If you think you have been discriminated against by an organisation that provides a service or public function, there are a number of things you can do. What is best for you will depend on exactly what has happened, but generally it is best to try to sort it out informally if you can.
Raise the issue informally
Depending on the kind of problem, you should try to resolve the problem first informally by raising it with the service provider or the customer services or complaints department if there is one.
You could do this by phoning or talking to a member of staff or their manager, and it is a good idea to make a note of what is said. If you are worried about this then you can get advice and you may find it helpful to have an advocate.
Formal complaints procedure
If raising the issue informally doesn't resolve the problem, you can use the formal complaints procedure for that organisation.
- date the letter
- keep a copy of the letter or email
- explain the discrimination you have experienced
- explain what you would like to happen next – for example an apology or change of practice or compensation for losses you experienced because of the discrimination
- keep the tone polite.
See our legal pages on complaining about health and social care. for more information about formal complaints procedures.
If this does not work then you may want to get advice about making a legal claim for disability discrimination.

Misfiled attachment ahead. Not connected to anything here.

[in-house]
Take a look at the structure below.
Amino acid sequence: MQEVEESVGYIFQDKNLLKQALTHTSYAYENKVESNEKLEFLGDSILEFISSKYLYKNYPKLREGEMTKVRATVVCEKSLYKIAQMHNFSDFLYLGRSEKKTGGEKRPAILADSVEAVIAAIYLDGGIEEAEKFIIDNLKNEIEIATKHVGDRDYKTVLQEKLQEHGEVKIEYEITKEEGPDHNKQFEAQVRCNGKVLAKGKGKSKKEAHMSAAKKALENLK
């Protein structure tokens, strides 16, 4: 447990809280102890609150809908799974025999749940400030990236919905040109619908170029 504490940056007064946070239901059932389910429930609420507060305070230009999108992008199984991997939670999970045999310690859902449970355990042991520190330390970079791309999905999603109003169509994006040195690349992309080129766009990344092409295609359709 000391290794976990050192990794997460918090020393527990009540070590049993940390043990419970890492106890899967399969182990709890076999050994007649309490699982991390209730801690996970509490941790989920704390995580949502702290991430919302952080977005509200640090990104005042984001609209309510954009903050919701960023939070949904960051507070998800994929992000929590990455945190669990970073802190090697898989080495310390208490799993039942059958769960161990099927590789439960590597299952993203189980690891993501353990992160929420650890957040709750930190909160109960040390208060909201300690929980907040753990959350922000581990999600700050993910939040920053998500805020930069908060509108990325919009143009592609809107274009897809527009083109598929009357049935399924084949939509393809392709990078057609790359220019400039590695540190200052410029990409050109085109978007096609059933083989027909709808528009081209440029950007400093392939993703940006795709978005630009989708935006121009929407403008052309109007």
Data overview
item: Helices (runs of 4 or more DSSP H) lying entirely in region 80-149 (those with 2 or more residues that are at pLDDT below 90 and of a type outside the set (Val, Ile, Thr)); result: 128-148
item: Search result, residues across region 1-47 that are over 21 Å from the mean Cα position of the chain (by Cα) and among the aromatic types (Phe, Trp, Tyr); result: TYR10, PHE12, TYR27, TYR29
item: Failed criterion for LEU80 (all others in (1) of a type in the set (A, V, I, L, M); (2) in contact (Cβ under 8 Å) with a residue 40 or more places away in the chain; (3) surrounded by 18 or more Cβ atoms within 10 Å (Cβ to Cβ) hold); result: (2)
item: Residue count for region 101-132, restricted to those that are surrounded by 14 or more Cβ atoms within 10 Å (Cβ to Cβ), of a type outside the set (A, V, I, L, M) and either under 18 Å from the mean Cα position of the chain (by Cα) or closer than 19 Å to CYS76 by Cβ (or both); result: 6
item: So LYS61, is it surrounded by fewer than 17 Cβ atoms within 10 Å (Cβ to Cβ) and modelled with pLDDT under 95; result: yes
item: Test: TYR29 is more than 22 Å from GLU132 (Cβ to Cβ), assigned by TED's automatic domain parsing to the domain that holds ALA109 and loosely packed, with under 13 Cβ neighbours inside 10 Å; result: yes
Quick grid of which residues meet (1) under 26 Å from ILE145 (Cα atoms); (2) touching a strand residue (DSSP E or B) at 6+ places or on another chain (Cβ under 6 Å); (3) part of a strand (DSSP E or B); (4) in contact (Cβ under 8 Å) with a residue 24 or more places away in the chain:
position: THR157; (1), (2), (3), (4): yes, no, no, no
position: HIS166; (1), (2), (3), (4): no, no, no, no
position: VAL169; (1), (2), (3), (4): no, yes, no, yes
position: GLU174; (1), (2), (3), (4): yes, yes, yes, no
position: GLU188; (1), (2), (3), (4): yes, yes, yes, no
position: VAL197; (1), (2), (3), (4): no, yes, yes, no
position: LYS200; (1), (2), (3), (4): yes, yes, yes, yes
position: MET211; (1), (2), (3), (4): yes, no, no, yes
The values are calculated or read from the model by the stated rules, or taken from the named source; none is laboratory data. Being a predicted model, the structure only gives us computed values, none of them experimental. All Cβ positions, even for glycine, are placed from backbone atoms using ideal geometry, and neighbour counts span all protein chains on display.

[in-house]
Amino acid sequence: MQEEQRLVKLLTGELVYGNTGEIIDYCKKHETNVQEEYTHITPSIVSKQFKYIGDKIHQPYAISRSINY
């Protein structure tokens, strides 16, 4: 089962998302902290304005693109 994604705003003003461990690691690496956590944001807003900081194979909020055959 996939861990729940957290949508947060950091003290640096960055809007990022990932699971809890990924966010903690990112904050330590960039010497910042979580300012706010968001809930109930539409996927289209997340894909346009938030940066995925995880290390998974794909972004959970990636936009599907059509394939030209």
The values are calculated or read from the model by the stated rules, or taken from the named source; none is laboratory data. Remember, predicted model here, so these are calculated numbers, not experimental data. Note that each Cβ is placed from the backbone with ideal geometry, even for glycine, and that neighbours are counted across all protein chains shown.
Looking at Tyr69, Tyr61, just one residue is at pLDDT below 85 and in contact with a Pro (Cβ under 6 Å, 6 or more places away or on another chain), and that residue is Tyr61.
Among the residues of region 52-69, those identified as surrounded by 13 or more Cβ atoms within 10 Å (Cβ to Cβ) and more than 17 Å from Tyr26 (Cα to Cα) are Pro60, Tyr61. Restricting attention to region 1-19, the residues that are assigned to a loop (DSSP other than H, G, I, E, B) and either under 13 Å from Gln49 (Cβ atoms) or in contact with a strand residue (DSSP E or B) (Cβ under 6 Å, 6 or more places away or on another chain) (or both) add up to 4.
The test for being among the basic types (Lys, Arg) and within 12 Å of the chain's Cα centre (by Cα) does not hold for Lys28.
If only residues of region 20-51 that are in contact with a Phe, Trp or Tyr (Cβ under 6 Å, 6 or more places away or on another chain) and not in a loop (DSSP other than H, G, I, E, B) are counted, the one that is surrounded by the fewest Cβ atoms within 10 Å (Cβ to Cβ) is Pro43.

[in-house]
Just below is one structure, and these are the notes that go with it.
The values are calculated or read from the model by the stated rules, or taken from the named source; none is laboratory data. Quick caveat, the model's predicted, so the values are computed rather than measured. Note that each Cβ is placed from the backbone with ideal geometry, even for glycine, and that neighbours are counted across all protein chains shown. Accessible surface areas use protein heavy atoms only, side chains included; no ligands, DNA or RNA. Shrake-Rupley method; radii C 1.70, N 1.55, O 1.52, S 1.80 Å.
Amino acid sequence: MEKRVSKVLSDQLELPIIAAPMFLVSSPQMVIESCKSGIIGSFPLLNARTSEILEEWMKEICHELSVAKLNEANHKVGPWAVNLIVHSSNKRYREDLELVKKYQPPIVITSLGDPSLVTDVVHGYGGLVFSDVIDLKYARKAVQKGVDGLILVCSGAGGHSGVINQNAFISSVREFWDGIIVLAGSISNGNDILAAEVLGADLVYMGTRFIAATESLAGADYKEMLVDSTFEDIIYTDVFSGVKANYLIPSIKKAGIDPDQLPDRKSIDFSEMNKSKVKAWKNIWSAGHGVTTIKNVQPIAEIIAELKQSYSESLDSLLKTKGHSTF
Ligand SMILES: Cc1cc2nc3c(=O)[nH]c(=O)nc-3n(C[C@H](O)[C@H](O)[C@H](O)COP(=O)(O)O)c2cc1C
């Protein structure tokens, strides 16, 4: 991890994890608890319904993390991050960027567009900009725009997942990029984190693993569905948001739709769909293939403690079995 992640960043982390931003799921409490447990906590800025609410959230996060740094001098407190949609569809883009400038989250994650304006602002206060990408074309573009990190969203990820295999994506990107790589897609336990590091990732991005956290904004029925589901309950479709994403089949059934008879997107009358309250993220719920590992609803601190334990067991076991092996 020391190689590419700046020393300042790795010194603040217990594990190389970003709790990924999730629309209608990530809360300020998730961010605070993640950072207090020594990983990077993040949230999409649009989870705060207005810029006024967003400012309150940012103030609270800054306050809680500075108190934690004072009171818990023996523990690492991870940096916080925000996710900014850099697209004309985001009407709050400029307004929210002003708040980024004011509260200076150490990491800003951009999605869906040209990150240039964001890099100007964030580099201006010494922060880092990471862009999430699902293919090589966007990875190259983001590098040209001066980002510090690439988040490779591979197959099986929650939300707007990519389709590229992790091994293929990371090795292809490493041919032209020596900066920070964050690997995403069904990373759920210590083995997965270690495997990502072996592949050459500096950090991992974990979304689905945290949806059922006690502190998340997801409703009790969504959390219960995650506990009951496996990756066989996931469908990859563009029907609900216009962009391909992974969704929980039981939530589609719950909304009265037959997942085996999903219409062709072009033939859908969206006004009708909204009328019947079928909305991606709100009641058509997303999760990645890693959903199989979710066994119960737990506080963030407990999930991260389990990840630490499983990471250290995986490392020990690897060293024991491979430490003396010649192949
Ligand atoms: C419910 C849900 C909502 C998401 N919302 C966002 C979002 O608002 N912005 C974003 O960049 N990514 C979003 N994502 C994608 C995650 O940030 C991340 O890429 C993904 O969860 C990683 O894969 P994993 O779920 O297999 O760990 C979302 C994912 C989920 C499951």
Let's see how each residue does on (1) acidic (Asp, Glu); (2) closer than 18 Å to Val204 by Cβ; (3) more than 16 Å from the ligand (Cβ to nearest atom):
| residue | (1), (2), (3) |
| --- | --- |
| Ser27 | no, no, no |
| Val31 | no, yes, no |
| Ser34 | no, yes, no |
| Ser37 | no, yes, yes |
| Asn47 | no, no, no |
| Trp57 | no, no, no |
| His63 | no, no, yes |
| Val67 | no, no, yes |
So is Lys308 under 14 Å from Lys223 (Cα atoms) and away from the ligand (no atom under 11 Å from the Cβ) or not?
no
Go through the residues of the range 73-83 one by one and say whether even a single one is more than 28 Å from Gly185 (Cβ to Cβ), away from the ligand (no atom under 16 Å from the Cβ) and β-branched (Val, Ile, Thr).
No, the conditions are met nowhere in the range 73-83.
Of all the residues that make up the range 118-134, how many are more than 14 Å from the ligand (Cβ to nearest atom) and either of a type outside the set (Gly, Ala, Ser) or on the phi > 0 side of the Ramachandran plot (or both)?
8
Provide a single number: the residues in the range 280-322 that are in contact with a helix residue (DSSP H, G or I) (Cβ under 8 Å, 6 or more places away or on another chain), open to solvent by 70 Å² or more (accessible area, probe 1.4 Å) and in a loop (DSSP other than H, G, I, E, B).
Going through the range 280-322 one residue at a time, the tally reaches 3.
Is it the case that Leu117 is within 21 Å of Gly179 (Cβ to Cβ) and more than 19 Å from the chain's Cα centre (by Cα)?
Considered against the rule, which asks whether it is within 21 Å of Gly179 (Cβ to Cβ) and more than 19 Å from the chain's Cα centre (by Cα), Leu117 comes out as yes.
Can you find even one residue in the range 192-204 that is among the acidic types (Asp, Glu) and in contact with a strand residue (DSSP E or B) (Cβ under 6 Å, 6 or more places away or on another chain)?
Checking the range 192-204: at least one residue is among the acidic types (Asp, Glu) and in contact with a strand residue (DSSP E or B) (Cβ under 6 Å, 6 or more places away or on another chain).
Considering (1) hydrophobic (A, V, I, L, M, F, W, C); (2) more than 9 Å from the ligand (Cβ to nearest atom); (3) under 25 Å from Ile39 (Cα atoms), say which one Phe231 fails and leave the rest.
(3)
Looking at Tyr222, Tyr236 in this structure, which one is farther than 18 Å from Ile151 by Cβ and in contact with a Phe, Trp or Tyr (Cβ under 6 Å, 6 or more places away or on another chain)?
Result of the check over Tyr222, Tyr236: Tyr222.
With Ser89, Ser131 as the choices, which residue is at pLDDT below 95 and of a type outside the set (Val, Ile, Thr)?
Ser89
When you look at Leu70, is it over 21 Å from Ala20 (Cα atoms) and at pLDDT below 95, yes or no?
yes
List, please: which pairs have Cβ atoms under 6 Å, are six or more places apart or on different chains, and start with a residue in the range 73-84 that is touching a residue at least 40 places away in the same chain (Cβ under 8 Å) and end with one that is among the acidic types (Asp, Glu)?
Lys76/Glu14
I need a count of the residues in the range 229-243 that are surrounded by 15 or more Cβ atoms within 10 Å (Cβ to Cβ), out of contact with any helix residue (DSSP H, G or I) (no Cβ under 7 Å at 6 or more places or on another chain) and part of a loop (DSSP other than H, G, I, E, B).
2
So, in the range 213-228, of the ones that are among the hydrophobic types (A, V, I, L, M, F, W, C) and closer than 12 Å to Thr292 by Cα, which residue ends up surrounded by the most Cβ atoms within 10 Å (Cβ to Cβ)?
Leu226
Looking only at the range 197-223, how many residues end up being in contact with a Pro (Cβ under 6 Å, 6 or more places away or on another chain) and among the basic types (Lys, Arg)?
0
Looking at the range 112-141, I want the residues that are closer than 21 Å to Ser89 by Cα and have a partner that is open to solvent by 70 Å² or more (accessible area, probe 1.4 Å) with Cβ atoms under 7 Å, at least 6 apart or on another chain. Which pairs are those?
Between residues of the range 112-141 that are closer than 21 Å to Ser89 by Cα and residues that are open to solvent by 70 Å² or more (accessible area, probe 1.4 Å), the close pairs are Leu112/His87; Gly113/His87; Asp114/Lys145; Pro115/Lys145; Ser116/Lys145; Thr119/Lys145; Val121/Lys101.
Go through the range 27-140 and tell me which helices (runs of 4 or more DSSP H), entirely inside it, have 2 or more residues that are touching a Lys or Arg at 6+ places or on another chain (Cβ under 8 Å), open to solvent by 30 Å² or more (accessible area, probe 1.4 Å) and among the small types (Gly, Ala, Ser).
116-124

Make a legal claim
If you want to make a legal claim, you would usually do this in the county court.
If you win your case, the court can order the other party to:
- pay you compensation for financial costs and any injury to your feelings (damages)
- make a public finding that there has been discrimination (a declaration)
- make them do something, for example reasonable adjustments, and/or pay your costs.
If you lose your case:
- the court can order you to pay the legal costs of the other party (unless you are in the small claims track). This can be very expensive. If you have legal aid, you can be protected against paying back the other side’s costs, so it is important to speak to a legal adviser to check if you can get legal aid.
There are time limits for making a claim:
- A claim must be started within 6 months less one day of when the discrimination happened.
- The court may allow a claim after this time limit if it thinks it is fair to do so, but you need to show that there are good reasons for being late.
There are court fees for bringing discrimination claims in the county court:
- There is a claim fee to start the case. How much you pay depends on whether you are claiming compensation and how much you want to claim.
- There is a hearing fee before a judge listens to your evidence and decides whether you have proved your case. How much you pay depends on which of the three tracks that the judge places your claim in: small claims, fast track or multi track.
- If you have a low income and limited savings, you may pay less fees or none. To apply for this you'll need to fill out an EX160A form.
You might want to see if you can get some support:
- See if you can get extra support. Taking legal action can be complicated and stressful. If you want assistance and support, you could ask a friend or an advocate to help you.
|If you’re thinking about going to court, you should get advice from a specialist legal adviser. See Useful contacts for more information on where you can get legal advice.
This information was published in February 2018. We will revise it in 2020.